This is a poem about murder. A man is telling us about an incident when someone, possibly a relative or friend, came to stay unexpectedly. The man who comes to stay, who is never named, is having a mental breakdown. Then he starts to annoy his host (the narrator of the poem).
Unnamed man gives a recipe for gooseberry sorbet, unaware that he himself has become a 'gooseberry' in the family. Therefore, the host decides to drown him in the bath, take the body and bury it.
At the end of the poem, the host tells us, he still makes the recipe for gooseberry sorbet. And sets out an extra glass, for the murdered man. Yum!
This is an analysis I wrote to help my student with the MOST EVIL exam question we could find. This is an actual OCR GCSE English Lit question. Et voila!
How does Armitage make the theme of destruction so memorable in this poem?
In Gooseberry Season, Armitage dramatises a murder in a cool, calm way which leaves an eerie aftertaste. The narrator’s detached tone and unbroken narrative slides over the murder too easily and the disconnection between emotion and action is part of what gives this poem its power.
The poem begins with the chatty, colloquial expression ‘Which reminds me’, and feels as if the poet, or character is talking to us. It’s unclear at first whether this is a dramatic monologue, as it feels quite intimate and reasonable at first. It’s unclear who ‘he’ is, which adds to the feeling we’re part way through a conversation. This is both intriguing and disorienting. The enjambement (run on lines) give a strong flow to the story and we’re caught on the tide. Structurally, the poem seems regular - at first. It’s divided into stanzas of five, though the odd number has a disconcerting irregularity to its regularity. On the other hand, the line lengths are wildly irregular, as if there’s no underlying logic, perhaps echoing the underlying madness of the narrator.
The victim is never named and is alsways called ‘he’, which creates mystery. His situation, coolly described - having ‘walked from town after losing his job’ with the odd detail of him ‘locking his dog in the coal bunker’ is also intriguing, as well as disturbing. Like the narrator’s later behaviour - which he attempts to justify - there’s no comfortable explanation. The narrator’s further explanations of the man’s behaviour seem to flow, but are also disjointed. More oddly specific details like ‘he hung up his coat’ and ‘he mentioned a recipe’ are disturbingly nonsensical. It’s unclear why the narrator is fixing on these details.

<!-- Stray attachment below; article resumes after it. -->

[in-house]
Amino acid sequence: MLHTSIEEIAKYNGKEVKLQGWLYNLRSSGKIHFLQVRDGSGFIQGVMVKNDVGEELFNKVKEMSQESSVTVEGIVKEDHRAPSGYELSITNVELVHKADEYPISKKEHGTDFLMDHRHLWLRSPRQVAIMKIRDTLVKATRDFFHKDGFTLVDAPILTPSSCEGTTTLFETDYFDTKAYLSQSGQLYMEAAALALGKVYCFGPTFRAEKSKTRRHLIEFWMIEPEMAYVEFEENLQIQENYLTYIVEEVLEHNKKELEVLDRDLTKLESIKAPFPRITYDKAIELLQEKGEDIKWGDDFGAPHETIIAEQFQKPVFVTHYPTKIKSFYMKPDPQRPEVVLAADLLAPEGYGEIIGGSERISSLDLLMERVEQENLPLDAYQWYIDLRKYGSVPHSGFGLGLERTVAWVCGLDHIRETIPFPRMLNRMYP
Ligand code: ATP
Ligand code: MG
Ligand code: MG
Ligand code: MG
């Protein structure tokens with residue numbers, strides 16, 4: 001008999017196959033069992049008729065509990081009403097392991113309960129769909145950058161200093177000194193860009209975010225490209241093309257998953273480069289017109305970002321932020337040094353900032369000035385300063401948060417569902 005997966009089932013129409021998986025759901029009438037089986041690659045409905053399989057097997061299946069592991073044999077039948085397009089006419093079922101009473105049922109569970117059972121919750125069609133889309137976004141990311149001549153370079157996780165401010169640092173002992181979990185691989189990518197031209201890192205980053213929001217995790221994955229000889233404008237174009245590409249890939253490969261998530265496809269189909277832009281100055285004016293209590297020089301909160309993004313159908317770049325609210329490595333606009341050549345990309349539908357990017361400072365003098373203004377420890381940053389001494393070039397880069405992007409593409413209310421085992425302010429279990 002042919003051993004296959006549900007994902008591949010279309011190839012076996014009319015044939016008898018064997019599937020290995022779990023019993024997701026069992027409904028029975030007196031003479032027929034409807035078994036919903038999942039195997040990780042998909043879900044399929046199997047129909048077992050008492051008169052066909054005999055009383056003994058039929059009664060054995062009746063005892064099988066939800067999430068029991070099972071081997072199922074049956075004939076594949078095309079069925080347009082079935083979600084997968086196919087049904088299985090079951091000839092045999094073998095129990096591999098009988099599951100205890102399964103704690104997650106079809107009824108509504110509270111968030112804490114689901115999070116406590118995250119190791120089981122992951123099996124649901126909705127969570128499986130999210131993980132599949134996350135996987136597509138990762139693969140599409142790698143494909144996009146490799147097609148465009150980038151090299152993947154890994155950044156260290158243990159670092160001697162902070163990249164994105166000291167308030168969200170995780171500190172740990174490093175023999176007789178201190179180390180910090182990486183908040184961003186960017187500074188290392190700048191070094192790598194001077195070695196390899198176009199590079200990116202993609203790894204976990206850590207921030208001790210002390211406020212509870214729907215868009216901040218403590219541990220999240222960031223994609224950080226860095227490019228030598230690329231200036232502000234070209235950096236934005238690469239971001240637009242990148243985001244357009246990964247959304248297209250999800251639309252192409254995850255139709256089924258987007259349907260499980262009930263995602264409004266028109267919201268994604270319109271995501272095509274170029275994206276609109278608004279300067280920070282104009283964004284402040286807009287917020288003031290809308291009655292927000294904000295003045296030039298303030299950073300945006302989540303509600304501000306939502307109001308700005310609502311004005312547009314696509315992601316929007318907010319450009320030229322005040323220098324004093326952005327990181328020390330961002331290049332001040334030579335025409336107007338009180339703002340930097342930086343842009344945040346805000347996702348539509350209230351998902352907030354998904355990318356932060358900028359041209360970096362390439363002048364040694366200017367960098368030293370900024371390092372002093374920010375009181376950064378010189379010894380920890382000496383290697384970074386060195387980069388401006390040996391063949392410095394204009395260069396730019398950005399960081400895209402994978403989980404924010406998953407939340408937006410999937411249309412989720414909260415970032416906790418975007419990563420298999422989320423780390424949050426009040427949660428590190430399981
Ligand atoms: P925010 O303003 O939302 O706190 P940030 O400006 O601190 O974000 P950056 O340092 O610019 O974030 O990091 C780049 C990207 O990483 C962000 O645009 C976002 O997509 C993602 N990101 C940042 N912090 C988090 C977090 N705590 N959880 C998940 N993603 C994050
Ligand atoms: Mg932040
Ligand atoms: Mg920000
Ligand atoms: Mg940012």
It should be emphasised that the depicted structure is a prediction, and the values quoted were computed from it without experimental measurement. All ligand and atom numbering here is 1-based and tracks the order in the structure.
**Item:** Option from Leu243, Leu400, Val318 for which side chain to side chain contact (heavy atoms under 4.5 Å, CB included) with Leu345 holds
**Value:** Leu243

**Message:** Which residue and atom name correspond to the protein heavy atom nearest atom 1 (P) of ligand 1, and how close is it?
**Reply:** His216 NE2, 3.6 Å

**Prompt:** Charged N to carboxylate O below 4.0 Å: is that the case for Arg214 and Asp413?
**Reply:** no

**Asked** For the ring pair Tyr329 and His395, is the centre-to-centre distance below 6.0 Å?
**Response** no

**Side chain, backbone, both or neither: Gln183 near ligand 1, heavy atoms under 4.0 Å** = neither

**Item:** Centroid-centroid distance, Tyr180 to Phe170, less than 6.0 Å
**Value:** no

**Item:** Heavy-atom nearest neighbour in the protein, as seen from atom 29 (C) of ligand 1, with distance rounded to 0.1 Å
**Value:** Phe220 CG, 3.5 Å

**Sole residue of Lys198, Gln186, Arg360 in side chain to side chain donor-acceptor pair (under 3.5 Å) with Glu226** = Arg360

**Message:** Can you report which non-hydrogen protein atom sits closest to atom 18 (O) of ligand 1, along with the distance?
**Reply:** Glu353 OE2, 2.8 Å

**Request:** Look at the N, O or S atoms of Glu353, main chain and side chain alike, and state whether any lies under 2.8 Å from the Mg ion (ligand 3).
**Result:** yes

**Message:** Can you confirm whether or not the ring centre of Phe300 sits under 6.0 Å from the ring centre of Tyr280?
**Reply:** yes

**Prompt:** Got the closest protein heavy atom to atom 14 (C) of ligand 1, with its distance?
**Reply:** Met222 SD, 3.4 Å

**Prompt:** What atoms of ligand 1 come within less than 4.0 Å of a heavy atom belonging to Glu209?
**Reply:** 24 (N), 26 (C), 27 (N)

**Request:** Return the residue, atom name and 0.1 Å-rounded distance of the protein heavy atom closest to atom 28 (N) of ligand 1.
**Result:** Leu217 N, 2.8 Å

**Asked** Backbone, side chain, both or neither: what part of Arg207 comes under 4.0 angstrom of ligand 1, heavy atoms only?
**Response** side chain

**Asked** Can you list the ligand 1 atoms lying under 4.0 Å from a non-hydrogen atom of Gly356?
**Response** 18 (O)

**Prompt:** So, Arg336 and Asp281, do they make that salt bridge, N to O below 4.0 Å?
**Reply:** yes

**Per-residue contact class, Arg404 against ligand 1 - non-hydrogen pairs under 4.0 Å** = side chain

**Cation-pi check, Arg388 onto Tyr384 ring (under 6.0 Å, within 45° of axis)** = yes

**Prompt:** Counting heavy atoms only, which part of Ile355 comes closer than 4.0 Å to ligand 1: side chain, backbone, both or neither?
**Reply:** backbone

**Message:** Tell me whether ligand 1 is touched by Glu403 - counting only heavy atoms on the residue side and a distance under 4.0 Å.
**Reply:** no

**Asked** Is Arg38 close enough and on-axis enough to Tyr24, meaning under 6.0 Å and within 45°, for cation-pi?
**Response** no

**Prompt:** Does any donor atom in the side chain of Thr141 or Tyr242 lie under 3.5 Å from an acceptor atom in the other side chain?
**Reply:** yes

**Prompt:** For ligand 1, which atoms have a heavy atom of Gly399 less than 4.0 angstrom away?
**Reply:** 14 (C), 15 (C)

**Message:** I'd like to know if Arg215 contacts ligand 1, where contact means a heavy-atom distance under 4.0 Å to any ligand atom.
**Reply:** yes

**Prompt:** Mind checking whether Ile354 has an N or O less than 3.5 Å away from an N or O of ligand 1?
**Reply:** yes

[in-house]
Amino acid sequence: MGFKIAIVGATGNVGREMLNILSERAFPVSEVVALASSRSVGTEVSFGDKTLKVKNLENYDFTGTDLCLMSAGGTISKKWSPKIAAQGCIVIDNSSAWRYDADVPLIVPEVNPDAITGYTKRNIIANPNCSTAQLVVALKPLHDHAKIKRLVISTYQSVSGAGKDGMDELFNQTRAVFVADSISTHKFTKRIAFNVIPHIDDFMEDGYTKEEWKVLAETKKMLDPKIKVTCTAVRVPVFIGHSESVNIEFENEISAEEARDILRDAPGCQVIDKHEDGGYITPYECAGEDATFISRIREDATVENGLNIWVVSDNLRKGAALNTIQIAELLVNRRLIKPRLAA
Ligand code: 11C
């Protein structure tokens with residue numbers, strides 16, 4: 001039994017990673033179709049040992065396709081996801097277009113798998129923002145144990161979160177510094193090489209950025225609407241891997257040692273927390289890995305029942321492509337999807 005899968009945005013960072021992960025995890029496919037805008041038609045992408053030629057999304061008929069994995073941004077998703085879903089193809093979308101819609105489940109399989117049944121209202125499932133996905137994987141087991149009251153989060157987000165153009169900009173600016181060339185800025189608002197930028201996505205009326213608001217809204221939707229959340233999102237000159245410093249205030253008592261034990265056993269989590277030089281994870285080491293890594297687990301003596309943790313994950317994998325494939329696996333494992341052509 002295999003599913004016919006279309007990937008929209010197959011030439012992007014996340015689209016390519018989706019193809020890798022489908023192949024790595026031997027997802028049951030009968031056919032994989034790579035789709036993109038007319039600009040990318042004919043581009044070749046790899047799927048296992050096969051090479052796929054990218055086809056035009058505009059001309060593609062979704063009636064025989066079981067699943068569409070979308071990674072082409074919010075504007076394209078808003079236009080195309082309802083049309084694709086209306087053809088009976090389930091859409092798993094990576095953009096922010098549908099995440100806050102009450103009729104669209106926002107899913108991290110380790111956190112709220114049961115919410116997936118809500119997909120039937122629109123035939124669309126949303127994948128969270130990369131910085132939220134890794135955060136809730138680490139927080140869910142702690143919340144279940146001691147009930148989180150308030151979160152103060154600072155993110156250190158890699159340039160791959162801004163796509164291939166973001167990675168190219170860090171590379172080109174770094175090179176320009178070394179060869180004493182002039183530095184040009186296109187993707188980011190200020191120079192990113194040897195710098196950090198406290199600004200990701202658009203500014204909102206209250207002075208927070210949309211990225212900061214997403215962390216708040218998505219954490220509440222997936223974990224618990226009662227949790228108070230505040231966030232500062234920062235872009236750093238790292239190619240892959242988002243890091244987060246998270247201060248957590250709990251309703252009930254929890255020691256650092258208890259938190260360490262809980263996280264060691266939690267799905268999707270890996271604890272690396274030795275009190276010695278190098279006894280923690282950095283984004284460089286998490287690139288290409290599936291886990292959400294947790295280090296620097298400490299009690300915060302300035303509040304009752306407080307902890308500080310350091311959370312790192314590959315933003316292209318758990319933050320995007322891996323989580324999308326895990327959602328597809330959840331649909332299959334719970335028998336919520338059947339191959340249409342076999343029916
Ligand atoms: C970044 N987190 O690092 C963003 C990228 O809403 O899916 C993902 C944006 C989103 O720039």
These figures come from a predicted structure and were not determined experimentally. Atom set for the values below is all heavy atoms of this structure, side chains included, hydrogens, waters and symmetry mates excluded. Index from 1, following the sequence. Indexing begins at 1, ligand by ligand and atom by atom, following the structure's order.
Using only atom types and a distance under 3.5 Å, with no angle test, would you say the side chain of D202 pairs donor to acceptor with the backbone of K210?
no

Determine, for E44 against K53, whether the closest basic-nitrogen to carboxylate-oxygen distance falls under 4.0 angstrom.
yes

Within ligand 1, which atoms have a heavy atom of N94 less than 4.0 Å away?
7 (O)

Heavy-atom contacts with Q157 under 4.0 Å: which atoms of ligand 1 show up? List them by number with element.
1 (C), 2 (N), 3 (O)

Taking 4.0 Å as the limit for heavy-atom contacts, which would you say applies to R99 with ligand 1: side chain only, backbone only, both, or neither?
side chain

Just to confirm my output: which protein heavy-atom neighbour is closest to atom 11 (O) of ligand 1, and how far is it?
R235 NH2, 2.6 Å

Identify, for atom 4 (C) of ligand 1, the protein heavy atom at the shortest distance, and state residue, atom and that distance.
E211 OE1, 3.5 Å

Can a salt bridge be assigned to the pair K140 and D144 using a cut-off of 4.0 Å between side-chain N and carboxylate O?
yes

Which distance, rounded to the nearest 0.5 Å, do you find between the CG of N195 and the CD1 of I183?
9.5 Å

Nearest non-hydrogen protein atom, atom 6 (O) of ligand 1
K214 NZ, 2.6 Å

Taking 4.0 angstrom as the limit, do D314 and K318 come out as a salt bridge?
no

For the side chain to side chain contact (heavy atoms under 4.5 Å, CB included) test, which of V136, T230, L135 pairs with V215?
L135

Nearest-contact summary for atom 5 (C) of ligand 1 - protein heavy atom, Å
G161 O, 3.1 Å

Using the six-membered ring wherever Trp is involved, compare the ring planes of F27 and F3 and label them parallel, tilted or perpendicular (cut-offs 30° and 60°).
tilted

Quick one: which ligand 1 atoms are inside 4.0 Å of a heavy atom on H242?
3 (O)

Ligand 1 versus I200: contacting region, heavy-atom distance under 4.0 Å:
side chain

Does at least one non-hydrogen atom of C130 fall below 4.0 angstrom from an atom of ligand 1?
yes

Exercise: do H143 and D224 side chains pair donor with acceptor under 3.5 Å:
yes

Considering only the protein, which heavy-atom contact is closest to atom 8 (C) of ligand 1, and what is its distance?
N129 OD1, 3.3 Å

The poem hardly seems like a poem at all: it’s unrhymed, irregular, and where it is cut into stanzas, seems utterly random. It lacks imagery, emotive language, description, sensory language except for the very centre of the poem where we encounter a bizarrely out of place sensory description of the gooseberry ‘sorbet’ flowing over sensual sibilants: ‘smooth, seedless’. The title is ‘Gooseberry Season’ so we could expect this to be significant. Culturally a ‘gooseberry’ is someone who’s not wanted. Certainly the victim could fit this role. The narrator says ‘I was tired of him’ ‘sucking up to my wife’ ‘sizing up my daughter’.
In the centre, we also have a seemingly out of place metaphysical meditation: ‘Where does the hand become the wrist?’ This is about connections, which is ironic in a poem which seems so disconnected, with an emotionally disconnected narrator. It’s as if he’s justifying himself. He uses colloquial language ‘tips us over that razor’s edge’ which has a violent, brutal edge, and tips quickly through ‘I could have told him this but didn’t bother’, into violence. ‘Didn’t bother’ is brutally casual. What’s stranger still is the use of the inclusive ‘we ran him a bath’ ‘we drove’: as if the whole family’s in this together. It’s hard to believe the entire family could be complicit and it is this last image that is so disturbing and gives this poem its disturbing power.
In conclusion, the final stanza gives an inadequate summary: drawing together the image of the ‘gooseberry season’ with that of the family ‘five equal portions’ including the dead man. It gives no explanation, no justification - though it ends, with vile irony, with the words ‘I mention this for a good reason’. There is no good reason, and that’s the point. The word ‘hell’ in the penultimate line is not accidental.
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